New York’s art marathon has just started with two weeks dominated by contemporary art where curators, critics and artists from all over the world will converge on the events’ offerings.
The first of which was the opening of the Whitney Biennial, curated by Francesco Bonami and Gary Carrion-Murayari, who have chosen for this year’s biennial to rediscover participating artists from the past, while presenting young and established artists in the show. Among the veterans are Ari Marcopoulos, Michael Asher, Charles Ray, Robert Williams, James Casebere, Huma Bhabha, George Condo, Suzan Freon, Robert Grosvenor, Babette Mangolte, Lorraine O’Grady, Nina Barman, Dawn Clemente, Julia Fish, Roland Flexner, Maureen Fallace, Jim Lutes. The title is the sign of a broad, but yet precise and clear curatorial idea: “2010,” which expresses the aim to highlight art production of the moment. The fifth floor of the museum is entirely devoted to those artists whose works had been presented during previous biennials in a separate exhibition entitled “Collecting Biennals”.
On February 27 at P.S.1, Marina Abramović is signing the monograph dedicated to her work for the occasion of her retrospective at MoMA, opening on March 14. At the same signing at P.S. 1, Davide Balliano will perform, But I wasn’t young anymore.
The exhibition “Skin Fruit,” curated by Jeff Koons is one of the most anticipated events scheduled, it will open on March 3 as the first instalment of “The Imagery Museum” series at the NewMuseum. On this occasion the Dakis Joannou collection, one of the largest contemporary art collections in the world, will be exhibited for the first time in the US. The event has caused a sensation because Dakis happens to be a trustee of the museum and one of Koons’s biggest collectors.
Artists on view will include: David Altmejd, Janine Antoni, Nathalie Djurberg, Robert Gober, Terence Koh, Kiki Smith, Kara Walker and Franz West. “Skin Fruit” will also include the work Revolution Counter-Revolution (1990/2010) by Charles Ray and Séhgal and Althamer’s “Living sculptures.”
From March 4 on 55th Avenue one of the biggest contemporary art fairs in the world will play the protagnanist: The Armory Show. The fair is carrying on its winning strategy, to focus more on business than on fashionable parties, a typical staple of European fairs like Art Basel and Frieze. Also on the agenda are satellite events PooL, Pulse and Scope.
Another star is the INDEPENDENT opening on March 4, which will be a hybrid forum created by Elizabeth Dee and Darren Flook at the X Initiative and DiaCenter for the Arts.
Main participants in this event are commercial galleries, independent curators, non-for-profit spaces and other INDEPENDENT players, as opposed to the usual application process of more institutionalized fairs.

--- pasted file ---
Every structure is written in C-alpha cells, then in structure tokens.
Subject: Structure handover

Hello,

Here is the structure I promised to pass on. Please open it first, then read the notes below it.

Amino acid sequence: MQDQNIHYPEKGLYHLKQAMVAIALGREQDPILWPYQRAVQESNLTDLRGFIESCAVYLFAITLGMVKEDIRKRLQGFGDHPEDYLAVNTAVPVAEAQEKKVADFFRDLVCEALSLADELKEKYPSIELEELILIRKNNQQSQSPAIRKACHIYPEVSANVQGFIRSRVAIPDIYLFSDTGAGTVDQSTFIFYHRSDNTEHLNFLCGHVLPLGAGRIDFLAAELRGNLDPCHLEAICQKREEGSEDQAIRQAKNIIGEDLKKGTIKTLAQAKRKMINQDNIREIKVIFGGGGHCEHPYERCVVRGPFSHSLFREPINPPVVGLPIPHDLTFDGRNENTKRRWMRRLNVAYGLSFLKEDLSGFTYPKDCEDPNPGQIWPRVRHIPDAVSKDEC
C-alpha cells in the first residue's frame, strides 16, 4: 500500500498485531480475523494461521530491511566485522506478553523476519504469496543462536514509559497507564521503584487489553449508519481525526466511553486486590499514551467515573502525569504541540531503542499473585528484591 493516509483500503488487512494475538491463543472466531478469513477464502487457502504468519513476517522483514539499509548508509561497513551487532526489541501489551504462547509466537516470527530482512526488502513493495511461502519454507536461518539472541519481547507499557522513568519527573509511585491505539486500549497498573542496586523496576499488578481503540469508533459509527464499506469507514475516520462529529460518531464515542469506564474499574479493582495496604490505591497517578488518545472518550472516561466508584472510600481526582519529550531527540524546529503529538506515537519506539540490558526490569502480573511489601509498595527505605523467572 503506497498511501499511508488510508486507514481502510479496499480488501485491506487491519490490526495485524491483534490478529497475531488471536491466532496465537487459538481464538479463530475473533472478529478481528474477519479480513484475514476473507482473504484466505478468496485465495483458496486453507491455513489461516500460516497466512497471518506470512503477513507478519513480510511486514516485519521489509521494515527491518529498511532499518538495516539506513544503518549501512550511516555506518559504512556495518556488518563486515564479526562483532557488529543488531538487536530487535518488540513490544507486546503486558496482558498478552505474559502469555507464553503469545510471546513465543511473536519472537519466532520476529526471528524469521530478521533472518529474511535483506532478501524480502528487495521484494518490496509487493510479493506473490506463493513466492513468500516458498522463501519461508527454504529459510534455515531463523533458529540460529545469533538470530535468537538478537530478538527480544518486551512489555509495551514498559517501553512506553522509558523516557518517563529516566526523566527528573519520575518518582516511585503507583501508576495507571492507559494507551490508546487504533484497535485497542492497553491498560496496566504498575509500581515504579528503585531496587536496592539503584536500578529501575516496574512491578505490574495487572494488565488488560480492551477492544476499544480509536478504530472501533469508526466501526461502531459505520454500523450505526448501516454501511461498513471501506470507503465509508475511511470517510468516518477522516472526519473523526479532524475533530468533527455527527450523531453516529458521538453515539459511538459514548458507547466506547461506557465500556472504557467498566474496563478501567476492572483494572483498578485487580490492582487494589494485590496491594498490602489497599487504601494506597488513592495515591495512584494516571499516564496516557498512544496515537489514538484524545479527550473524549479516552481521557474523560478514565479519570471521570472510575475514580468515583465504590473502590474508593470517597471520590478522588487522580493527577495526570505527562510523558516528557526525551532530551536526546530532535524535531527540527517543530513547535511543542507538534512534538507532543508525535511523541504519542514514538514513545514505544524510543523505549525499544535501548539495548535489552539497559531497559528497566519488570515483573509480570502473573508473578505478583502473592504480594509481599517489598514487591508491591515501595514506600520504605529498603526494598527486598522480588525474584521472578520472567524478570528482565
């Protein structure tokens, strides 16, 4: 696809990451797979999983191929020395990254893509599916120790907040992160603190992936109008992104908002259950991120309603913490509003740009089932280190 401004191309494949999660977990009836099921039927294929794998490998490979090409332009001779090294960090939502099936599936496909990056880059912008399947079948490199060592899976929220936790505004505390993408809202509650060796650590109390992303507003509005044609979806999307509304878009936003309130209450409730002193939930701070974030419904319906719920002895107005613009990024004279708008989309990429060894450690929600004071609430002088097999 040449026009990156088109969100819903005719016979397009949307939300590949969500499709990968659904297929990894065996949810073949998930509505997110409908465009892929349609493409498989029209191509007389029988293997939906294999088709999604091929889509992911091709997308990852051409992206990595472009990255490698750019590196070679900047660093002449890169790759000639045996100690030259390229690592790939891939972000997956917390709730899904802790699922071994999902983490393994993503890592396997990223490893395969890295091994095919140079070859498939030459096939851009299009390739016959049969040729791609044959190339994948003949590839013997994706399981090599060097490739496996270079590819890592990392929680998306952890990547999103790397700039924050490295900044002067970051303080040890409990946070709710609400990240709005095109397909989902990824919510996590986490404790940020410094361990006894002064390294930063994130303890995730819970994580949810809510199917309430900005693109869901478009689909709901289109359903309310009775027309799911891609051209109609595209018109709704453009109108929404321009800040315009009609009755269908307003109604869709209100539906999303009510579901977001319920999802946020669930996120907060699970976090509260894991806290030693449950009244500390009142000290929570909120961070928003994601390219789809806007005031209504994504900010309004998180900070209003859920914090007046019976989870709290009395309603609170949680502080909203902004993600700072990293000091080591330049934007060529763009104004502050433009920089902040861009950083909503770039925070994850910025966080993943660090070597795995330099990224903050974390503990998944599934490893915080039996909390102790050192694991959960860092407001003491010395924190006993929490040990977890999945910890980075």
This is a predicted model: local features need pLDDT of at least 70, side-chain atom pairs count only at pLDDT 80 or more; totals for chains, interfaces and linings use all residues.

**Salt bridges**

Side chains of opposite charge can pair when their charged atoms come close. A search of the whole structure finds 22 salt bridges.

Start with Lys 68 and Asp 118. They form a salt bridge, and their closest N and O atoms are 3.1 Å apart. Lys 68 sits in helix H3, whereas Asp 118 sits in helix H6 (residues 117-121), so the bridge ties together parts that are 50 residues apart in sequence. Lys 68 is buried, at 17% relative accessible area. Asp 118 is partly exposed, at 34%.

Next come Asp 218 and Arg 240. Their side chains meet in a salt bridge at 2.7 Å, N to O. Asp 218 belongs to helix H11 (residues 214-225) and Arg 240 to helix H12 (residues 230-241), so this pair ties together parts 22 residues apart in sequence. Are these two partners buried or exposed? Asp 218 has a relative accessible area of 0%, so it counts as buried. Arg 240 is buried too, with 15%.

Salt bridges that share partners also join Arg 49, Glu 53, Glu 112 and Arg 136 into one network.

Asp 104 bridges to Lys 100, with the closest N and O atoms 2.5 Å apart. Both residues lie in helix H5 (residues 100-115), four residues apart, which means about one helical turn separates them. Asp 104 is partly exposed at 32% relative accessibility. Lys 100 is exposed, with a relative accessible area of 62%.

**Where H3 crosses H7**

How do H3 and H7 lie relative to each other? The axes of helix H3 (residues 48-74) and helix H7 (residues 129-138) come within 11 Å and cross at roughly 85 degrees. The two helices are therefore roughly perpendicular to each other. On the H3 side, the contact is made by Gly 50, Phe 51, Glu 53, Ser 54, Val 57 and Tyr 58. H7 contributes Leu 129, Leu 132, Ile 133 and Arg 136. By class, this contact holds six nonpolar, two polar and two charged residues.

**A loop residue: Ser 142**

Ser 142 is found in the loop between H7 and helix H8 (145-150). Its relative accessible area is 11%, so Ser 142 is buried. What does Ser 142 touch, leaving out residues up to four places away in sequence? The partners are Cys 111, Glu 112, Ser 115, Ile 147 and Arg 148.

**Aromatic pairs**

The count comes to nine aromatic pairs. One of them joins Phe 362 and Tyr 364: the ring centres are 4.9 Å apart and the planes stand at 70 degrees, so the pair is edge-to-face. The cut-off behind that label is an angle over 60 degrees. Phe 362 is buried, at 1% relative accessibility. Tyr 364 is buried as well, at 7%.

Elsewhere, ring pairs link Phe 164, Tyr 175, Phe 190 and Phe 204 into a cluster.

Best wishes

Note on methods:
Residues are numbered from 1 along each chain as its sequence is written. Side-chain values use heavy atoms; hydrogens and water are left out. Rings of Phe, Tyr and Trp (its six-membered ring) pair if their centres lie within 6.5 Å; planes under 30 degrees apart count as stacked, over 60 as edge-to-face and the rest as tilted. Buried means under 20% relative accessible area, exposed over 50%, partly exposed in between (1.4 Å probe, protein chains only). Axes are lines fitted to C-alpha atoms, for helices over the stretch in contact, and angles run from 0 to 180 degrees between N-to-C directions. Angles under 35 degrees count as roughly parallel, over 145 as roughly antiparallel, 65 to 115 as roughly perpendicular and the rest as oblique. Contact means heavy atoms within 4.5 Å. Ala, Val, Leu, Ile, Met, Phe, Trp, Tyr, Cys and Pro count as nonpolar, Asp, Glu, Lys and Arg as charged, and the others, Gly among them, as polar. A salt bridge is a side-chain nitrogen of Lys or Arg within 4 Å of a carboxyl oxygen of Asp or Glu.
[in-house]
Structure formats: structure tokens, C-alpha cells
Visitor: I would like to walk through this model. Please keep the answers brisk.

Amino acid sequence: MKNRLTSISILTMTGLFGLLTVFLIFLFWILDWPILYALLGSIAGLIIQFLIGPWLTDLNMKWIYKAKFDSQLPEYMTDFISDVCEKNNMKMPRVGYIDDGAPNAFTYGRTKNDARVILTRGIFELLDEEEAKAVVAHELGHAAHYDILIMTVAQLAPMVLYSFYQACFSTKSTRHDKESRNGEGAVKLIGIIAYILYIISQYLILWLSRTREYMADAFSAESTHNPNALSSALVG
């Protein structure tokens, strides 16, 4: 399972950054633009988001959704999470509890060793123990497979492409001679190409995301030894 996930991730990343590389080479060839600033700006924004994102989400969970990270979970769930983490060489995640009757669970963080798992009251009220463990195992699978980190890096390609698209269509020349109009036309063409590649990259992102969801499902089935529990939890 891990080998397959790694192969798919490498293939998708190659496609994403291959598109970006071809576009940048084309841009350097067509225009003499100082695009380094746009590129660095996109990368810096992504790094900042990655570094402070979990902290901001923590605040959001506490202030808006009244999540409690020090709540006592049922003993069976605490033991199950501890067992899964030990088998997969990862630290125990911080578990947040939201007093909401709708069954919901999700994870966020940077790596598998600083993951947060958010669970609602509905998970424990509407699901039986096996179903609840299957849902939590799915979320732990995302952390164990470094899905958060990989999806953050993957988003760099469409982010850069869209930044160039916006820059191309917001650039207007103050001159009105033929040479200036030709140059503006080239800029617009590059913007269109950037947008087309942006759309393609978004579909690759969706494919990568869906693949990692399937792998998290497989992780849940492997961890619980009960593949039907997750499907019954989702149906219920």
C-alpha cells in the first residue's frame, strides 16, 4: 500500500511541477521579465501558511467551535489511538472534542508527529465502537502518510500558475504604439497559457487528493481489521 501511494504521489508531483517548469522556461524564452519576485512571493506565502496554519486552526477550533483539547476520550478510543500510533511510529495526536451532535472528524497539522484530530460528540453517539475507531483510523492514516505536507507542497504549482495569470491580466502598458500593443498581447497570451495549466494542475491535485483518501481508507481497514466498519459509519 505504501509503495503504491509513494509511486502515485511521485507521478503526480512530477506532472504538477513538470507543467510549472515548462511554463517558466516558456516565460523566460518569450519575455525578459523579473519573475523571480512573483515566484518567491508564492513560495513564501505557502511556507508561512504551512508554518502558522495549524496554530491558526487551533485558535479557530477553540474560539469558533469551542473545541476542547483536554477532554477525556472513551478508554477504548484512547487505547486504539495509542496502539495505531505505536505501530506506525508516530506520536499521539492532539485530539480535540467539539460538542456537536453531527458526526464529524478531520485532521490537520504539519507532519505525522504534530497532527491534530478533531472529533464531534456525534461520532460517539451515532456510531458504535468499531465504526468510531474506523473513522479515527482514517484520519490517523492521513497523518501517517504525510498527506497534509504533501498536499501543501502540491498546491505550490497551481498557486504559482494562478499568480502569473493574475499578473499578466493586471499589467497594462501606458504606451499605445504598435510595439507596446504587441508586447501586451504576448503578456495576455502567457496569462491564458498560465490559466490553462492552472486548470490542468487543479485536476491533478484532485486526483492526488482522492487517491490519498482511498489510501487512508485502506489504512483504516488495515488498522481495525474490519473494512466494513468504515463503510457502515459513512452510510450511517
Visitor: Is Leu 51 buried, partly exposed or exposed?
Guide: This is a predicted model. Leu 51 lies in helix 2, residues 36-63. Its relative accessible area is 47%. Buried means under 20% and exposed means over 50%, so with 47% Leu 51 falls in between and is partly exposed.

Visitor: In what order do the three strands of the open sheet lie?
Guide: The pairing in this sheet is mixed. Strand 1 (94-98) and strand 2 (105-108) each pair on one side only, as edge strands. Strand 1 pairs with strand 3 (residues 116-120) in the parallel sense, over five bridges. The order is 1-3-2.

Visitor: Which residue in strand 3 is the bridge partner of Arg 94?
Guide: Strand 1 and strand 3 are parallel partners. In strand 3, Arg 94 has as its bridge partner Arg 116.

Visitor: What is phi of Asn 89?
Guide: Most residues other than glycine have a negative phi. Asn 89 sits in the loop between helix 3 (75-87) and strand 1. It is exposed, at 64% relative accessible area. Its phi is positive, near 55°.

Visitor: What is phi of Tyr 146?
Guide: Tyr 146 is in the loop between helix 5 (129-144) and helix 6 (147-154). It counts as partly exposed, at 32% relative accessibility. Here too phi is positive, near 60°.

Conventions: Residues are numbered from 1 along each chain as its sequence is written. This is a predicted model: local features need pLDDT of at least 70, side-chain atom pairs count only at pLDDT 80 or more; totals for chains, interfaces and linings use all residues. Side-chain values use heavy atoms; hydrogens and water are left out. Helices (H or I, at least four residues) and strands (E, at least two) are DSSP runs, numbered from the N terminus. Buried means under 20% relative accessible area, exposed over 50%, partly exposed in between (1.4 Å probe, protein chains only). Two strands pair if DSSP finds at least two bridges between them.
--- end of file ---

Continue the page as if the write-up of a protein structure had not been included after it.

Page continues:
The event will also host free lectures and performances. Participants will include : The Approach (London), Artists Space (New York), Laura Bartlett (London), BolteLang (Zurich), Bortolami Gallery (New York), Galerie Isabella Bortolozzi (Berlin), Elizabeth Dee (New York), Dispatch (New York), Farimani Gavlak Gallery (Palm Beach), gb agency (Paris), Hard Hat (Geneva), Hotel (London), Galerie Ben Kaufmann (Berlin), Johann König (Berlin), Andrew Kreps Gallery (New York), Kate MacGarry (London), McCaffrey Fine Art (New York), Mestre Projects (Barcelona/New York), mitterrand + sanz (Zurich), Moss/Westreich-Wagner (New York), New Galerie (Paris), October, Maureen Paley (London), Renwick Gallery (New York), Reserved for Leo Castelli, Rodeo (Istanbul), Sabot (Cluj-Napoca), Stuart Shave/Modern Art (London), Sutton Lane (London/Paris), White Columns (New York), Winkleman Gallery (New York), Galerie Jocelyn Wolff (Paris), Zero (Milan).
On the same day at MoMA, the William Kentridge performance. I am not me, the horse is not mine, will run in conjunction with an exhibition devoted to him , which opened on February 24. The performance is based on the short novel, The Nose’s Story (1837) by Nikolai Gogol. It tells the story of a Russian bureaucrat who, one morning discovers he has lost his nose and decides to mend the wound with a clout larger than he.
If you still have some days to spend in the Big Apple you can visit the MoMA’s exhibition, “Pictures by Women: A History of Modern Photography,”a selection of works from female artists of the modern age. Among the artists exhibited are: Diane Arbus, Berenice Abbott, Claude Cahun, Imogen Cunningham, Rineke Dijkstra, Florence Henri, Roni Horn, Nan Goldin, Helen Levitt, Lisette Model, Lucia Moholy, Tina Modotti, Cindy Sherman, Kiki Smith and Carrie Mae Weems.
And don’t forget these are also the final days to visit Tino Sehgal’s exhibition at the Guggenheim that closes on March 10.
New Yorkers may find this schedule normal but it will keep the rest of us it’s very busy!!!
by Francesco Scasciamacchia